index10Let’s conclude this section with one last exercise: combining trees. Assume you have two different phylogenies, with two different sets of taxa (no overlap). Another assumption is that you have knowledge how the trees may fit together. Then the bind.tree() function of ‘ape’ package can help. The function takes in two phylo-objects. The position of where the trees are bound is defined by tip- or node number within the first tree. Note that you can also specify the “root” as binding position.

    tree1 <- rtree(n=10); plot(tree1); nodelabels(); tiplabels()

index11

    tree2 <- rtree(n=10); plot(tree2)

index12

    combined.tree <- bind.tree(tree1, tree2, where=1) 
    plot(combined.tree)

index13

Fully resolved and polytomous trees

All tree examples so far were fully resolved, i.e. each tree was fully binary. It’s very easy to access visually for small trees, but we can also do this more formally:

    is.binary.tree(mini.phy)
## [1] TRUE

Let’s make a tree that is not fully resolved.

    poly.phy <- read.tree(text = "(((A,B,C),(D,E)),F);")
    plot(poly.phy)

index14

  # Is this tree binary?

    is.binary.tree(poly.phy)
## [1] FALSE

OK. Many comparative methods require fully resolved trees. But what to do if that’s not the case? The multi2di() function can resolve polytomies, either randomly or in the order in which they appear in the tree. The default setting is to resolve polytomies randomly.

    resolved.phy <- multi2di(poly.phy)
    is.binary.tree(resolved.phy)
## [1] TRUE
    plot(resolved.phy) # visual inspection.

index15If you repeat the above lines a few times you will see the effect of randomly resolving the polytomy.

Modifying tree shape and other plotting options

There are many options for formatting and beautifying trees in R. Here are some basics. Let’s begin by simulating a tree once more.

    phy <- rtree(n=10) # n specifies the number of tips we want.

    # The default plot produces a rightwards tree

    plot(phy)

index16 The tree orientation can be changed by modifying the “direction”- argument. Try it out!

    plot(phy, direction="upwards")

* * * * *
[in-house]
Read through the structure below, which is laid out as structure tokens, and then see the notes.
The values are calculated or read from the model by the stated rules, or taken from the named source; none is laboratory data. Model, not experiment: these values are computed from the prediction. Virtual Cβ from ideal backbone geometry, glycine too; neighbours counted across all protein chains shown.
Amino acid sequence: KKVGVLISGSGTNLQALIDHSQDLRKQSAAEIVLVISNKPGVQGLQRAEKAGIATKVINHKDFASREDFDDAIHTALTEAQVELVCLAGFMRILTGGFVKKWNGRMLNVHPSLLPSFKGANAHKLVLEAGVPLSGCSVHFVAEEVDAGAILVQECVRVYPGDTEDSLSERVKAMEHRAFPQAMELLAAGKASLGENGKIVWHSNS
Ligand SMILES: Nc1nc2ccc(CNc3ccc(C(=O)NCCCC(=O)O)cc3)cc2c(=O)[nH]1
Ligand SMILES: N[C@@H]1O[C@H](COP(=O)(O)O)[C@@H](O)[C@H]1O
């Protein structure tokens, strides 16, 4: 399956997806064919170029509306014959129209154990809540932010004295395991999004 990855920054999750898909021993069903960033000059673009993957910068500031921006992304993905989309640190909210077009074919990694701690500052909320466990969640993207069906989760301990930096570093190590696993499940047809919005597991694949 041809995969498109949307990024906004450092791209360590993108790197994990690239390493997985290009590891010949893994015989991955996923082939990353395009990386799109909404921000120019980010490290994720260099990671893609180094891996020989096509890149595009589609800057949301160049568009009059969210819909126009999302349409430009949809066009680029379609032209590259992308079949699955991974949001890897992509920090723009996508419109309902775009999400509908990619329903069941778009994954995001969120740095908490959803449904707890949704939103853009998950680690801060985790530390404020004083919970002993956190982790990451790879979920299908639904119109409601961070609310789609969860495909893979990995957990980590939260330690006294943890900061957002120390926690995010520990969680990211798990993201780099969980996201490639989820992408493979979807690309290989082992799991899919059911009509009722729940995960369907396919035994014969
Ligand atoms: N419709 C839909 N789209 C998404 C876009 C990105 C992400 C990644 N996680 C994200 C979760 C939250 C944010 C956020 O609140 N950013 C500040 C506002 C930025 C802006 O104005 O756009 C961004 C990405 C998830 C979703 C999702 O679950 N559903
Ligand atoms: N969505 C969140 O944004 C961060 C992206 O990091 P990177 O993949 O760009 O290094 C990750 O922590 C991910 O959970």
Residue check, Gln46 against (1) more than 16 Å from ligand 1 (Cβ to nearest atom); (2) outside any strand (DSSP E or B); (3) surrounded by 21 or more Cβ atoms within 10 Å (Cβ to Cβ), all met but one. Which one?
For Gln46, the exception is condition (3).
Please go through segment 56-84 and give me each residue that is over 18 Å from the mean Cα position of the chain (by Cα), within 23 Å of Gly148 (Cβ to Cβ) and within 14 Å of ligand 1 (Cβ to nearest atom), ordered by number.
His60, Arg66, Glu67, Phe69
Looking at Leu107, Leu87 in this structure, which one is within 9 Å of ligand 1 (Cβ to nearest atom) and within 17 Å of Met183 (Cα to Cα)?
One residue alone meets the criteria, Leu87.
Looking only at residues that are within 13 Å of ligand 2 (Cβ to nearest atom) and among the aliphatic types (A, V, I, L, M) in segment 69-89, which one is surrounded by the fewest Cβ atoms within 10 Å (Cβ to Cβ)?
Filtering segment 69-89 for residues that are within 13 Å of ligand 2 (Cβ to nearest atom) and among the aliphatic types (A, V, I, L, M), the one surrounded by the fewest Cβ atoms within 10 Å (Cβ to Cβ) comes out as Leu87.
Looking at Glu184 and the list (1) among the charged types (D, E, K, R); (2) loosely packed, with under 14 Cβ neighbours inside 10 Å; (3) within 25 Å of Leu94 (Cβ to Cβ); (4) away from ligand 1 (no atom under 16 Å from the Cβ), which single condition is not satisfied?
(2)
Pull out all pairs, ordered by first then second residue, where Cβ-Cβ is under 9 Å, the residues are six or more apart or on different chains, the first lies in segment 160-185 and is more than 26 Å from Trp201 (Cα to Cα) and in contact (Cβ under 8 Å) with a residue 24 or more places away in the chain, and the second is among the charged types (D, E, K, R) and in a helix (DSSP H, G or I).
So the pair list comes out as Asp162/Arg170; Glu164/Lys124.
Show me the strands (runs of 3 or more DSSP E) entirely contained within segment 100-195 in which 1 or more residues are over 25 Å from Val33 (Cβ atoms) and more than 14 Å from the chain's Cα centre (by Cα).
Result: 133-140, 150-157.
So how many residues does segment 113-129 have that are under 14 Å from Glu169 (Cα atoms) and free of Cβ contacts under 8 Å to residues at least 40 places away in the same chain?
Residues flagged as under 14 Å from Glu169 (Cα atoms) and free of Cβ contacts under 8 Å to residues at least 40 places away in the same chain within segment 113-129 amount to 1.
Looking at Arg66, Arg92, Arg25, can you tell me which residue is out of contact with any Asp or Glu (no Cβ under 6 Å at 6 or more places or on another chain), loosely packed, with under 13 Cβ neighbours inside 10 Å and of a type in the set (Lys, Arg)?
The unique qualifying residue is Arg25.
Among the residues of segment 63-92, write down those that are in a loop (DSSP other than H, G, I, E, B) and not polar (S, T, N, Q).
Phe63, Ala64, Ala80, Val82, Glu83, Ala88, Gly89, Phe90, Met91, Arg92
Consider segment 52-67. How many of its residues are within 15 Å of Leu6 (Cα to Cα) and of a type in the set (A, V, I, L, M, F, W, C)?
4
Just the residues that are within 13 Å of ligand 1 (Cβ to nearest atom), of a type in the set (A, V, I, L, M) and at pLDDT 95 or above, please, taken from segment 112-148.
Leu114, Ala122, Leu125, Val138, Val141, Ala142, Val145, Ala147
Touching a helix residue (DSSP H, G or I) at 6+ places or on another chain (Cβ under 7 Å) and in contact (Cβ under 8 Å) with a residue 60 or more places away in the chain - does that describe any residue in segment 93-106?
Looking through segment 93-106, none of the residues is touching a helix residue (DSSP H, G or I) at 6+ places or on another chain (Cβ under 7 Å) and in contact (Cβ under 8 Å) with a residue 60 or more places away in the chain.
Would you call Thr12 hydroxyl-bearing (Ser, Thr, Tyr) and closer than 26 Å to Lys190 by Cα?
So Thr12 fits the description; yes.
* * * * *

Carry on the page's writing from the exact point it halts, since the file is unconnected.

index17

    # other options are "rightwards" (default), "leftwards", and "downwards".

The font size of the tip labels (species names) can be changed with the cex argument.

    plot(phy, 
         direction="upwards", 
         cex=2.5) 

index18Try a few different settings! If we don’t want the species names displayed, you can do the following:

    plot(phy, 
         direction="upwards", 
         show.tip.label=FALSE)

index19And if you would like thicker branches, do this:

    plot(phy, 
         direction="upwards", 
         show.tip.label=FALSE,
         edge.width=3) 

index20Color of the branches can be controlled by the edge.color argument:

    plot(phy, 
         direction="upwards", 
         show.tip.label=FALSE, 
         edge.width=3, 
         edge.color="blue") 

index21Try a few different settings! There are many other options… Type ?plot.phylo in the console to read more.

Another useful command I’d like to introduce is the ladderize() function. It reorganizes the tree structure, normally yielding much more readable trees. Let’s make a bigger tree to really visualize the ladderize-effect.

    big.phy <- rtree(n=50)
    ladderized.phy <- ladderize(big.phy)

Let’s create a plot with two panels, contrasting ‘before” and ’after’. With par() we can include the mfrow option, which specifies number of rows and columns in the plot matrix.

    par(mfrow=(c(1,2))) # 1 row but 2 plot panels

    plot(big.phy, direction="upwards", 
         show.tip.label=FALSE,
         edge.width=1,
         edge.color="blue")

    plot(ladderized.phy, direction="upwards", 
         show.tip.label=FALSE,
         edge.width=1,
         edge.color="blue")

index22

    par(mfrow=c(1,1)) #for subsequent single-panel plots

Finally, let’s change the type of the tree. This is done by modifying the “type” argument. The default is set to “phylogram.” Other options include “cladogram”, “fan”, “unrooted”, and “radial”. Try all of them!

    plot(ladderized.phy, type="fan", 
         show.tip.label=FALSE,
         edge.width=3,
         edge.color="blue")

index23

Tons of options! And kind of fun.